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The Evolution of Climate Legislation in Three Infographs


The global canon of climate legislation has undergone significant changes over the last four decades.

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Hurricane Sandy Impacts Did Not Contribute to Subsequent Storm Flooding, A Study


Flooding in coastal areas bordering Great South Bay, N.Y. and Barnegat Bay, N.J. caused by winter storms that occurred following Hurricane Sandy was not influenced by changes Sandy made to barrier islands or other bay features, according to a new USGS Study.

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Kauai Is Called The Garden Island: Here’s Why

Celebrate, Inform

Towards the end of the Hawaiian archipelago lives a small, rainy island called Kauai.

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Life-Giving Deltas Starved by Dams

Erosion, Inform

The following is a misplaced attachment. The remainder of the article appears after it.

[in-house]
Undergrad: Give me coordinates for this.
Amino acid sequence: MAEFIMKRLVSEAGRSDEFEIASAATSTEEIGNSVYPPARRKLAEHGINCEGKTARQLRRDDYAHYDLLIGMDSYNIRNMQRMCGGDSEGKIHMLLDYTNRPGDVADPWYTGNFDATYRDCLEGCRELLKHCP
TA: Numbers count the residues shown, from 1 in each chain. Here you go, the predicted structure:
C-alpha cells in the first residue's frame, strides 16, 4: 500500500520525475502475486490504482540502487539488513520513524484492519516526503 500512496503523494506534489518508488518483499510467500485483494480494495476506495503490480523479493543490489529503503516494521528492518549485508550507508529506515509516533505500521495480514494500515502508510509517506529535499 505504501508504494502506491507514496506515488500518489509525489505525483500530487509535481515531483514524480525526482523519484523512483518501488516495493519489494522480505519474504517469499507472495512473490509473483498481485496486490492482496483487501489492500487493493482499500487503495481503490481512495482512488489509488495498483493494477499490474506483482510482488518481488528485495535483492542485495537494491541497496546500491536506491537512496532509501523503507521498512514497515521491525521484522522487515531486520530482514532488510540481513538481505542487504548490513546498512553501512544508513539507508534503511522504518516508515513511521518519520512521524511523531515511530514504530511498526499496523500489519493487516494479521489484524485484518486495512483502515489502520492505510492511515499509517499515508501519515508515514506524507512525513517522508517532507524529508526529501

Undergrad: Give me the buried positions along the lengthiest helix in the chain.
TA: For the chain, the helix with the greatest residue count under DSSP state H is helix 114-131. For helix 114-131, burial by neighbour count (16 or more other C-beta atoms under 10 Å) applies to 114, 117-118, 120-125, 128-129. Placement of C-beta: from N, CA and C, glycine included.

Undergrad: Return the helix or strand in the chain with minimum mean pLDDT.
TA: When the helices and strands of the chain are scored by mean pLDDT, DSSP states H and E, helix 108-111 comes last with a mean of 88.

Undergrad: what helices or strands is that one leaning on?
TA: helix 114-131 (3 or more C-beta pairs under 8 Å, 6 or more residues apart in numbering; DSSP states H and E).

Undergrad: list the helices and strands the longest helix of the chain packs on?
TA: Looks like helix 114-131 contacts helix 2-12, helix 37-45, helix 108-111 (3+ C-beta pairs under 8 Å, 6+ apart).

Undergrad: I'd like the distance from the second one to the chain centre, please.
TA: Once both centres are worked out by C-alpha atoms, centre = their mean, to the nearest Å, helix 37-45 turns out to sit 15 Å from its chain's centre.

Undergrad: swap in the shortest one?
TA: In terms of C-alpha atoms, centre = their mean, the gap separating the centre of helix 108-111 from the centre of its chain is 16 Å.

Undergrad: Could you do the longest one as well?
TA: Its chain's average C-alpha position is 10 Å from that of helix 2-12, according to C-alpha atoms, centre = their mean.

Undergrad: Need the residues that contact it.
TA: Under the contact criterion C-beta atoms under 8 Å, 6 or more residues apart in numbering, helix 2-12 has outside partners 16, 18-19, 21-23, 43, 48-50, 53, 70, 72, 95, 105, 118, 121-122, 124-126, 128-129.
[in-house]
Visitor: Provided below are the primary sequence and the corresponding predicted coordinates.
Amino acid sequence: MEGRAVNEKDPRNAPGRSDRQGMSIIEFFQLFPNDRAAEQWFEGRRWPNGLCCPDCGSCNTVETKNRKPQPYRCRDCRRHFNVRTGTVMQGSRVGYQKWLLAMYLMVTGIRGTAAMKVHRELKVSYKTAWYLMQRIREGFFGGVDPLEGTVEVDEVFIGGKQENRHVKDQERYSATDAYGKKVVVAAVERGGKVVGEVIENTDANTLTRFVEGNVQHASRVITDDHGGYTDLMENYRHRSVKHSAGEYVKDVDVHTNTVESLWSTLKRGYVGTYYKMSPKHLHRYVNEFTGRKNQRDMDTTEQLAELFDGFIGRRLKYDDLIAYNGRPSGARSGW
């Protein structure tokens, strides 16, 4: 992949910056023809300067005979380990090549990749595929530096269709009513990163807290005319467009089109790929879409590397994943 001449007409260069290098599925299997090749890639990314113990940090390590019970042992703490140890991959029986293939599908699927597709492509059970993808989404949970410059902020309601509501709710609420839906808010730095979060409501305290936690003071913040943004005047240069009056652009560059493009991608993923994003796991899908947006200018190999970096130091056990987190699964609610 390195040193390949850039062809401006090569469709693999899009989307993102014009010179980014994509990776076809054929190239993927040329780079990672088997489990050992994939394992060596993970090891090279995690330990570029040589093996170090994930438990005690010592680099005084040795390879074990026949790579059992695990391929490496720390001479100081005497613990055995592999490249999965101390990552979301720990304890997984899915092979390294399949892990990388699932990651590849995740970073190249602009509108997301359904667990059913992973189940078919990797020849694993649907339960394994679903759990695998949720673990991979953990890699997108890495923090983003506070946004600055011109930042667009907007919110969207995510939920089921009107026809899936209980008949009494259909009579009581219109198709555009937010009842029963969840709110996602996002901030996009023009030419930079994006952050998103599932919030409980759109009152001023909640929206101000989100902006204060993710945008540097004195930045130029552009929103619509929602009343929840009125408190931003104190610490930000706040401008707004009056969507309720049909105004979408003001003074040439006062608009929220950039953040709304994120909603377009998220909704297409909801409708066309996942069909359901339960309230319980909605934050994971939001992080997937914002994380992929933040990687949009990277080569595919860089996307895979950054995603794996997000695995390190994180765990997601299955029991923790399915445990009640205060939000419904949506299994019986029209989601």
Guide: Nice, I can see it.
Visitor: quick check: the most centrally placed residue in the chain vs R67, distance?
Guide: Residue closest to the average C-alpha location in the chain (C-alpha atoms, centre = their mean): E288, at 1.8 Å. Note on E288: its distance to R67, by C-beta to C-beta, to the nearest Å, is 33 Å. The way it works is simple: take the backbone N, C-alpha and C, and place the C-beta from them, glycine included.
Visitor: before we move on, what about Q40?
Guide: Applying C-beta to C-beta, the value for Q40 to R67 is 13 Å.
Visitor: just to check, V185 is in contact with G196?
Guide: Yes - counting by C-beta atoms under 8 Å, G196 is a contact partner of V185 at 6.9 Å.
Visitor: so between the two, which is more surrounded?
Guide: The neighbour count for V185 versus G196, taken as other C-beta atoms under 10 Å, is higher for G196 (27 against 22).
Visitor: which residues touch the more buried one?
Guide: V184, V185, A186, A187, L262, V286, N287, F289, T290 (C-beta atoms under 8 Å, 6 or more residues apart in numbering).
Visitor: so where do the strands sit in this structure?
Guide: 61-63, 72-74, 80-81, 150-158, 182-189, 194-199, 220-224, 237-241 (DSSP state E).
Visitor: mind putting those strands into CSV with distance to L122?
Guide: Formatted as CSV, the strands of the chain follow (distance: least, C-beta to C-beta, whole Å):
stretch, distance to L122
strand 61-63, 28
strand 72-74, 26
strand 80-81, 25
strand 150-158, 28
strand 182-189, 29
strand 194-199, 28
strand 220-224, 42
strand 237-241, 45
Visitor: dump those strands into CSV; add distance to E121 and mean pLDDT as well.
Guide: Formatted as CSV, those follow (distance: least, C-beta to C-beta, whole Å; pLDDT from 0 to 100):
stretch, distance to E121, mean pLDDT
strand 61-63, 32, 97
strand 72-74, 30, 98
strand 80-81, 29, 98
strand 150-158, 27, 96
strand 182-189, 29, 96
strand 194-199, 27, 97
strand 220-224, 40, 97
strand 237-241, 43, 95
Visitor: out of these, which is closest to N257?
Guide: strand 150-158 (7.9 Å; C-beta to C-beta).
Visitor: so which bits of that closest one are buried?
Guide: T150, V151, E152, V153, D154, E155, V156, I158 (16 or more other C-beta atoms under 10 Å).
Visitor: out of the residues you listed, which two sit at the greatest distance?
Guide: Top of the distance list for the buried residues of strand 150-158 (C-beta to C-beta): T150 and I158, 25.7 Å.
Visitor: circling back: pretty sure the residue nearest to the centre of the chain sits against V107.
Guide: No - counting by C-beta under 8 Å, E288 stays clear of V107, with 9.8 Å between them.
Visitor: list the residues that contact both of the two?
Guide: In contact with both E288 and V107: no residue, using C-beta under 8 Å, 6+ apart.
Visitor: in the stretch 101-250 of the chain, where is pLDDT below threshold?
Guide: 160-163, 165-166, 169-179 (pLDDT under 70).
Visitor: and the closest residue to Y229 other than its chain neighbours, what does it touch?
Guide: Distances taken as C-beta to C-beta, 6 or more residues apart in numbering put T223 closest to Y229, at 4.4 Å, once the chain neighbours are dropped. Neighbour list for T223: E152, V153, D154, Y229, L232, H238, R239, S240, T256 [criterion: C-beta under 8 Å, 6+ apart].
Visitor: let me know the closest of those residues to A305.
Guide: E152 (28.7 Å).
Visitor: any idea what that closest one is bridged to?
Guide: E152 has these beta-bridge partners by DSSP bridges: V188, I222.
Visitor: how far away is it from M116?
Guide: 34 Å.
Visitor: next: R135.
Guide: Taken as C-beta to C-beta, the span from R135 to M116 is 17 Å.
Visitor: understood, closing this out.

At a time when coastal areas are already battered by climate change, life-giving deltas are being sacrificed to dam building.

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Fiji Leads Pacific Region on Climate Adaptation Efforts


Still a long way off in many parts of the world, climate displacement is already a reality in the Pacific Islands, where rising seas are contaminating fresh water and agricultural land, and rendering some coastal areas uninhabitable.

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Recent / Inform

Recent Earthquakes in Chile and L.A. Raise Questions About Ring of Fire


April 3rd, 2014

The 8.2 earthquake that shook northern Chile and surrounding countries late Tuesday night was one of a string of recent earthquakes along what is known as the “Ring of Fire,” a circle of quake-prone areas on the Pacific Rim.

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Sand Wars Movie: UK Diffusion April 2nd, 2014


April 2nd, 2014

Sand Wars film documentary by Denis Delestrac, premieres in the United Kingdom 7.50pm, Wednesday 2 April Sky 534 & Virgin Media 243, on PBS America.

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Don’t Ignore Sea Rise


April 1st, 2014

A letter from 99 years old, Howard K. Ammerman.

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Science Is No Excuse For Japan’s Antarctic Whaling, Court Rules


April 1st, 2014

Japan’s hugely controversial ‘scientific whaling’ programme is not actually scientific and must be stopped, the International Court of Justice ruled.

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Parting the Sea to Save Venice


March 30th, 2014